What’s $1,000 Worth?

What’s $1,000 worth? As with most things in personal finance, the answer is, “It depends.” Are we talking about a thousand bucks received a year ago? If so, then about 7.5% more than if received today. If used to reduce debt, it’s worth $1,000, unless of course it’s an extra payment against a mortgage or a student loan. Then it’s worth more. The same $1,000 contributed to Social Security is often worth less than $1,000. What about $1,000 invested? What’s that worth?

A few weeks ago, Geoff and I spoke to the Raleigh Fellows about personal finance. At the conclusion of our talk, a young woman asked, “A friend says I should invest $6,000 a year, but I don’t have that much right now. Is it worth it if I can only invest $1,000?”

The answer to that question is, for many reasons, an unequivocal “Yes!” So, if this young woman forgoes spending it and instead invests it, what will it be worth? As you can imagine, it depends.

To get a clearer idea, let’s look at four different investors*. They each invest $1,000 in a simple portfolio of two investments: U.S. Stocks and Treasury Bonds. All that’s different is the age that they make the investment: the first invests when she is 25, the second, when she is 35, the third, 45, and the fourth, at 55. What’s it worth by age 65?

For the 25-year-old, that initial investment turns into $45,790. A 35-year-old would see $1,000 turn into $16,130, the 45-year-old’s $1,000 become $6,020 and the 55-year-old a bit more than doubles her money and sees $1,000 grow to $2,380.

Notably, an investor with a 40-year time horizon accumulated nearly 3x more than the 30-year investor. The extra ten years of compounding dramatically increases wealth creation. Look at how much growth happens over the final 10 years of the 40-year period (blue line). This is why starting early is so important and speaks to the immense power of compound interest.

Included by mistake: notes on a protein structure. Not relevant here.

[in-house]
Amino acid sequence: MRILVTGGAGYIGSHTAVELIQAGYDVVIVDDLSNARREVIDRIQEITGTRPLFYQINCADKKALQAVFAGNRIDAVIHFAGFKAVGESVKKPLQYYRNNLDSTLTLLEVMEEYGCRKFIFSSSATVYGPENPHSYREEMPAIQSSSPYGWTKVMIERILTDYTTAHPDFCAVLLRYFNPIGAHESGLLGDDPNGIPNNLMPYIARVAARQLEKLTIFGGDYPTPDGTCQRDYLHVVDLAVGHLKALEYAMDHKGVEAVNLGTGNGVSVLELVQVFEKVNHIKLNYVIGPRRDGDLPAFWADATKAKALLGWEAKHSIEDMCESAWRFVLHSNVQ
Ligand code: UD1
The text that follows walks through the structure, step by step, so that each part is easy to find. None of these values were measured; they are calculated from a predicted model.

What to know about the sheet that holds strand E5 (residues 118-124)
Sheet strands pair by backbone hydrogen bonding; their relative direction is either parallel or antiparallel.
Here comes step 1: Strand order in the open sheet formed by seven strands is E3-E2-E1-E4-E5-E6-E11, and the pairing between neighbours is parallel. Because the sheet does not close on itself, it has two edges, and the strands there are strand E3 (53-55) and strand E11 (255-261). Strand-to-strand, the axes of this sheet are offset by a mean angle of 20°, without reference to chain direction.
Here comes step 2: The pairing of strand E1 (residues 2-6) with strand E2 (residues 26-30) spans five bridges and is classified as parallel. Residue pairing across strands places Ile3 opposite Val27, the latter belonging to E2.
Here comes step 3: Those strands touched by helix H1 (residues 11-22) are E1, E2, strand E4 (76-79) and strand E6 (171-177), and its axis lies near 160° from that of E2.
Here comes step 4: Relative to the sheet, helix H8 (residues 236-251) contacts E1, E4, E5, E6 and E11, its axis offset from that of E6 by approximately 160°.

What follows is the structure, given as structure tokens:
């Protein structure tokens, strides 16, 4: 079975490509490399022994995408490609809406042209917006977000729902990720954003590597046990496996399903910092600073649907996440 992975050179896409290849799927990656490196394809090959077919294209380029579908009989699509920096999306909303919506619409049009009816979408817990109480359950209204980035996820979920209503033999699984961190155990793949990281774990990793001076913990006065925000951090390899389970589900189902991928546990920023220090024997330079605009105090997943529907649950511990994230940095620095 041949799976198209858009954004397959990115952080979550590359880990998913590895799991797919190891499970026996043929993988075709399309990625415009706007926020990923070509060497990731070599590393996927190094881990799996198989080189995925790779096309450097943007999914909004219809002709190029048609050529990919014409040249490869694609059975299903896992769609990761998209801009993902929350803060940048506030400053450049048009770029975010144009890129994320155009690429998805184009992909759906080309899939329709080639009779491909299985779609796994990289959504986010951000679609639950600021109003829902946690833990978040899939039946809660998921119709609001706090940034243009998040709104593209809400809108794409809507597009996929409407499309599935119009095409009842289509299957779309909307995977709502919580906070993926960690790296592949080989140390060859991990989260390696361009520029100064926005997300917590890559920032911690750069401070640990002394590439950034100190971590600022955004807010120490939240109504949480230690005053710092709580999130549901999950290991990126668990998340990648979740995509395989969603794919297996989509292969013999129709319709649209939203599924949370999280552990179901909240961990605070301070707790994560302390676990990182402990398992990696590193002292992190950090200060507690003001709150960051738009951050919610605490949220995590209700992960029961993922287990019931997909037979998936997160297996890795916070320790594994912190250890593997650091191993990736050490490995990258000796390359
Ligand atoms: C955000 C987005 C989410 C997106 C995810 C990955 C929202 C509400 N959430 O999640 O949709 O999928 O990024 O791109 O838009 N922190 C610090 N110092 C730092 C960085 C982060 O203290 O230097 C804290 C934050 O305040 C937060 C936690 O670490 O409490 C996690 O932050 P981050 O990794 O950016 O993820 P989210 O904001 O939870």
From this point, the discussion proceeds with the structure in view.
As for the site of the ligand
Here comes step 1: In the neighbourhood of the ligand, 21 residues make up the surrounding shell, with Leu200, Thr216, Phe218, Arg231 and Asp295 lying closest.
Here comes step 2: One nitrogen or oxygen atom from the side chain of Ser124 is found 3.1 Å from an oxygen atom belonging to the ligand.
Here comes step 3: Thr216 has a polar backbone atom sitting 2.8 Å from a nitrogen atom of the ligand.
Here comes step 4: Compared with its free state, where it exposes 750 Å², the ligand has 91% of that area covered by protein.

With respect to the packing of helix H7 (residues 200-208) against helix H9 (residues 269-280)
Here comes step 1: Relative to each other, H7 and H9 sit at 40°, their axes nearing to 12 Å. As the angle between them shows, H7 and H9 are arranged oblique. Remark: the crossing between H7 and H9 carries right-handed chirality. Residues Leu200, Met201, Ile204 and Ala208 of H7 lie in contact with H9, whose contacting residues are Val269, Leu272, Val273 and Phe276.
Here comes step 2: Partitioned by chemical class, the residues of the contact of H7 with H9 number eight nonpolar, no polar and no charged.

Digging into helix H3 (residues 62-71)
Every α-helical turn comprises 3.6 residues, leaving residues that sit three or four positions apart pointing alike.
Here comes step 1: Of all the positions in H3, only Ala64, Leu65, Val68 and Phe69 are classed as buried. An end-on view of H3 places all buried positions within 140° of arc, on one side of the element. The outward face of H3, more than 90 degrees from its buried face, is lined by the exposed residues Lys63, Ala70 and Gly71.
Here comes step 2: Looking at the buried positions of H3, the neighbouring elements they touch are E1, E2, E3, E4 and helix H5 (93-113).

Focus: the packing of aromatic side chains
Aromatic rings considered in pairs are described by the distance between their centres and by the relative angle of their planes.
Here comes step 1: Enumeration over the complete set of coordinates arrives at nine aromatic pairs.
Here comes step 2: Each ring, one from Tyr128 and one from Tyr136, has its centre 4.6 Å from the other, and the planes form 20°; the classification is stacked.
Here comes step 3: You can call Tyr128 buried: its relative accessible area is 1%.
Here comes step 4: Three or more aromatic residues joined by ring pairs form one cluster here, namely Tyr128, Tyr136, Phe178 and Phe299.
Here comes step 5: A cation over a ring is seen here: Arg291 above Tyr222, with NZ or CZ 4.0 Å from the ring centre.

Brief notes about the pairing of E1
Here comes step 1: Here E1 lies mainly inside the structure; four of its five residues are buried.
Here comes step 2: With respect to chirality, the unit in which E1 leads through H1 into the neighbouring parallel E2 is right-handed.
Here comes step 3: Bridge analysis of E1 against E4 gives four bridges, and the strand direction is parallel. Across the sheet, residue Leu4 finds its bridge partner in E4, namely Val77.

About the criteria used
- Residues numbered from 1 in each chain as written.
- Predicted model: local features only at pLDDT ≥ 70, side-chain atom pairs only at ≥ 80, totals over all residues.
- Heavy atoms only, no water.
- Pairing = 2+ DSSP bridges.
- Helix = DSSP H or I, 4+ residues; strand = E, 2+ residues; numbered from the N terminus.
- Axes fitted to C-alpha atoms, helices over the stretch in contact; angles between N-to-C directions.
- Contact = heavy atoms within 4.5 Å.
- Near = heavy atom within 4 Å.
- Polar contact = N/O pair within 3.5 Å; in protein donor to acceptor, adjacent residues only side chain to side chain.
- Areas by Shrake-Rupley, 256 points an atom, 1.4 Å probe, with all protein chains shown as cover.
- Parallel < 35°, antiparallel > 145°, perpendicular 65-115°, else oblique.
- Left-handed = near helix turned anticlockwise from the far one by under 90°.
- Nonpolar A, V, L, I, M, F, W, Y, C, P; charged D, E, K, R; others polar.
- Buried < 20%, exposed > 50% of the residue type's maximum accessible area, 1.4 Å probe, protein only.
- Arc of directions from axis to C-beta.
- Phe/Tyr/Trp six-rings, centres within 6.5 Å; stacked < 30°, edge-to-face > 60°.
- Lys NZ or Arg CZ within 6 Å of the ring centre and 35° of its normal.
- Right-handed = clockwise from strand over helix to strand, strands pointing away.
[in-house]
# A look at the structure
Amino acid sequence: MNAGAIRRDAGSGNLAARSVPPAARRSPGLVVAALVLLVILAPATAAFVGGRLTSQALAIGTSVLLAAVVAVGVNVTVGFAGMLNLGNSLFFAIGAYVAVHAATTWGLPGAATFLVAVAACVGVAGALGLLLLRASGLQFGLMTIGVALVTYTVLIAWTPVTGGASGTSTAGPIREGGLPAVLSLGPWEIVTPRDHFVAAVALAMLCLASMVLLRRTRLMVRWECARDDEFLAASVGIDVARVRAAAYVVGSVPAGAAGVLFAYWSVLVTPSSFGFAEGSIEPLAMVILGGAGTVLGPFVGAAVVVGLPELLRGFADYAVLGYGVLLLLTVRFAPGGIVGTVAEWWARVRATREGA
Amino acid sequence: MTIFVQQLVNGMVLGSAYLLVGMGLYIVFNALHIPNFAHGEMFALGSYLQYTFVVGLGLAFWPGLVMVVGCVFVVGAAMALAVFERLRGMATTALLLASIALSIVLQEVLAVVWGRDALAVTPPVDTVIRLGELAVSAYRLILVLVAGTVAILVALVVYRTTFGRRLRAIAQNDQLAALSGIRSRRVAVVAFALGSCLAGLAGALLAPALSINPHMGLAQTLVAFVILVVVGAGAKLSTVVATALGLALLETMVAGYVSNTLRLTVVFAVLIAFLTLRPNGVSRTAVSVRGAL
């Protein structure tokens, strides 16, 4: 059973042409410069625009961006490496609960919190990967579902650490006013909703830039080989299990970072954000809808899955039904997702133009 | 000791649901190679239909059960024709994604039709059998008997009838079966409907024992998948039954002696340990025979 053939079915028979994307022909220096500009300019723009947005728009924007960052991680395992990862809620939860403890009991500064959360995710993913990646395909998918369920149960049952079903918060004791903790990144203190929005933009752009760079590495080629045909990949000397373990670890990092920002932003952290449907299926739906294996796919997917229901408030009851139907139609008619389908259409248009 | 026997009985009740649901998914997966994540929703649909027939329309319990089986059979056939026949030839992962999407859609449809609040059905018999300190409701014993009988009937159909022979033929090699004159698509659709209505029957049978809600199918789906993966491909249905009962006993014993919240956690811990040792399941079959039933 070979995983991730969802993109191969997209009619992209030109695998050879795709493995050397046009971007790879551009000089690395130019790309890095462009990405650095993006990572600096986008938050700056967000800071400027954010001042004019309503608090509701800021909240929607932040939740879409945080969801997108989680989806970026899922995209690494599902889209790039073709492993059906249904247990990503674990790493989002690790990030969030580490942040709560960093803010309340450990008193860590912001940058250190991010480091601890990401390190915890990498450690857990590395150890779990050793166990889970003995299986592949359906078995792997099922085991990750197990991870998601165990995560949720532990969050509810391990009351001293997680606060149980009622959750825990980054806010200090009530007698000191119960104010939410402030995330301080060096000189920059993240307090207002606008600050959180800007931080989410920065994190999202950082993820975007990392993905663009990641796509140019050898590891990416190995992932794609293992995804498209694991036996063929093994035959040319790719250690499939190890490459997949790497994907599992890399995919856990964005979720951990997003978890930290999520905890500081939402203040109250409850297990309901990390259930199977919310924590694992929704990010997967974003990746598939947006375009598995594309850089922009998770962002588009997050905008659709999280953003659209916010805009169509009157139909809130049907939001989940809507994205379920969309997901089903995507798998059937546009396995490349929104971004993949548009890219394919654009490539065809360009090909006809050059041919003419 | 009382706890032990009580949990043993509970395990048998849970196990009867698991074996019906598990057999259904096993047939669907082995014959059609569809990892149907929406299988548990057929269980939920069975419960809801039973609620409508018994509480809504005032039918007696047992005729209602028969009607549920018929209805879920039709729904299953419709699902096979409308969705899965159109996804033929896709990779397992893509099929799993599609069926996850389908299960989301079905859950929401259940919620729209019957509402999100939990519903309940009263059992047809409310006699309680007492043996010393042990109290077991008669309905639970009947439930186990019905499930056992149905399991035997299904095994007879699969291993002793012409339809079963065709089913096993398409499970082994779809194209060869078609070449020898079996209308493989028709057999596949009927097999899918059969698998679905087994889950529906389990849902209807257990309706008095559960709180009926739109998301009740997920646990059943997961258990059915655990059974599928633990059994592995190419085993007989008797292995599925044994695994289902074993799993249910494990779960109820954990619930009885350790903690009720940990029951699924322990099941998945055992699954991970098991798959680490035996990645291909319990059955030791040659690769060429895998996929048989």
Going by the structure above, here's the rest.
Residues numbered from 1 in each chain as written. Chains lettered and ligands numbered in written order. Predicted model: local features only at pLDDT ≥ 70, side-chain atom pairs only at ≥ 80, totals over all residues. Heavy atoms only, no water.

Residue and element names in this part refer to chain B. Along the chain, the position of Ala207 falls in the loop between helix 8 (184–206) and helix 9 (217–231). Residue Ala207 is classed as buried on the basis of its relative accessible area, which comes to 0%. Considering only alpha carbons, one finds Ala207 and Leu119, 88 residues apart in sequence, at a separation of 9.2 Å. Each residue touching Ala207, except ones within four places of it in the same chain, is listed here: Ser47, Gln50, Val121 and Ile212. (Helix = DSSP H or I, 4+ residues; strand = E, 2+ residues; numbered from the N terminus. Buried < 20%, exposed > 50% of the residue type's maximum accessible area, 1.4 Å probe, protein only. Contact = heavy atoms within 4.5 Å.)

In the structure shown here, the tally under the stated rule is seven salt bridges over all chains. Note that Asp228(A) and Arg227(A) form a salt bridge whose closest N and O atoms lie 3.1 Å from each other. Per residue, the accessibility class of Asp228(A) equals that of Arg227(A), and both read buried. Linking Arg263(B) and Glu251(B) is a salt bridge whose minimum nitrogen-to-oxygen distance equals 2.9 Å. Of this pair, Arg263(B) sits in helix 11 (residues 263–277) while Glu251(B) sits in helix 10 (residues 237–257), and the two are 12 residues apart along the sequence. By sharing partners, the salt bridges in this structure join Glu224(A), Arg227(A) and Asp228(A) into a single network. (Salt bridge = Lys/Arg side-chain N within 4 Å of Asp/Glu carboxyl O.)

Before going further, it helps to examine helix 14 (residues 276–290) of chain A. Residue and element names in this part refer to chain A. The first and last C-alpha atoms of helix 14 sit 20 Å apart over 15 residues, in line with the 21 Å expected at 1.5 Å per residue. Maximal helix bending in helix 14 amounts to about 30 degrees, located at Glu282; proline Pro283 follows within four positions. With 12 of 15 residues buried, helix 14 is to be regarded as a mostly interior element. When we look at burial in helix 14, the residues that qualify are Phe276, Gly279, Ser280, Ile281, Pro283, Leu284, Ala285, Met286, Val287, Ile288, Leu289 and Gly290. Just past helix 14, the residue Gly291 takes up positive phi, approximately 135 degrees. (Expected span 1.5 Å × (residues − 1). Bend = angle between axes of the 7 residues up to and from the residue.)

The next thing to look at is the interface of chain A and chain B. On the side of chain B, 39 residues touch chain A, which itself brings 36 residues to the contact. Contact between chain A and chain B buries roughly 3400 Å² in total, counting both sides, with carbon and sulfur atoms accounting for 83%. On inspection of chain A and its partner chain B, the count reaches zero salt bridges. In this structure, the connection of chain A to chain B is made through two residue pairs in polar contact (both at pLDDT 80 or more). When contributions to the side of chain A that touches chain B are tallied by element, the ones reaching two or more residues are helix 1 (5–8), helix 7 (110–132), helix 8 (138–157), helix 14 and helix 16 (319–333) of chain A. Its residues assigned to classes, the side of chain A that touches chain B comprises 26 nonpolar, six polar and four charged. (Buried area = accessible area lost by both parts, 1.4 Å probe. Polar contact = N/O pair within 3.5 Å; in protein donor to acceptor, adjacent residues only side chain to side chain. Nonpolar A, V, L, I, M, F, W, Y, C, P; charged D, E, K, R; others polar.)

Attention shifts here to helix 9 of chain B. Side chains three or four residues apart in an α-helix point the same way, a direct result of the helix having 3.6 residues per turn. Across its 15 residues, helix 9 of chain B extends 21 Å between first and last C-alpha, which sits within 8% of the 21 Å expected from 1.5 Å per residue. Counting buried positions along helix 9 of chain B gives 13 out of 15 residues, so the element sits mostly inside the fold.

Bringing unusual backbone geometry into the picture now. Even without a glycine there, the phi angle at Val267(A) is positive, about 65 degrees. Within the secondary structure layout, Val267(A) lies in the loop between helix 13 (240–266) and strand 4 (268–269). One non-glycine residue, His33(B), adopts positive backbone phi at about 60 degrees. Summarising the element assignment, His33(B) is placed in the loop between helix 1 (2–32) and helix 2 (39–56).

What if we move the example into the real world? That is, what if a 25-year-old invested $1,000 on January 1st, 1950, and didn’t touch it for 30 years?** How much would it be worth? What about January 1st, 1960? 1970? 1980?

As you can see, making a 30-year investment at the start of 1970 would have yielded the most return; 1960, the least. It’s also interesting to note the spread of returns. Depending on when you started investing, you could have ended up with a little more than $12,000 or a little less than $30,000.

Here are the ending values depending on when the initial investment was made:

    • 1950: $15,830
    • 1960: $12,540
    • 1970: $29,510
    • 1980: $22,560

What about a 40-year investment?

Here are the ending values:

    • 1950: $75,100
    • 1960: $58,800
    • 1970: $44,200
    • 1980: $66,820

Interestingly, the 1970’s investor has gone from best to worst. Why? You can reduce it to one year: 2008. When her portfolio hit its highest point, boom, the Great Recession.

Back to the original question: what’s $1,000 worth? It depends. It depends on when you invest, how long you invest, and when you spend, all other things being equal.

Ultimately, though, we get to decide what $1,000 is worth by how we use it. Is it worth less? That is, do we spend it on things fleeting, of little long-term value or meaning? Or is it worth more? Do we put it towards what matters, what we prioritize? Do we spend it intentionally?

Our hope at Beacon Wealthcare is that you will get the highest value out of each dollar earned, invested, and spent. If you aren’t sure what that looks like, we’d love to help.

 

 

 

*Key assumptions:

    • No taxes;
    • Portfolio allocation is as follows:
      • 90% US Stocks, 10% Treasury Bonds from ages 25-34;
      • 80% US Stocks, 20% Treasury Bonds from ages 35-44;
      • 70% US Stocks, 30% Treasury Bonds from ages 45-54;
      • 60% US Stocks, 40% Treasury Bonds from ages 55-65;
    • Long-term average returns can be found here: http://pages.stern.nyu.edu/~adamodar/New_Home_Page/datafile/histretSP.html

**The idea of investing during different decades was inspired by a post I read, but cannot now find, from Morgan Housel.

Charts are for illustrative purposes only. There is no guarantee any investment will produce positive returns. 

Ryan Smith
[email protected]

Born and raised on the North Shore of Massachusetts, I moved to Raleigh in 2011 to marry my wife, Emily. We have two kids, Jack and Gwen, and are members of Church of the Apostles in North Raleigh. I have been a Financial Advisor since 2005 and earned a Master’s of Science in Financial Planning from Bentley University. Soon thereafter I became a CFP® professional and received my Retirement Income Certified Professional® designation in 2015.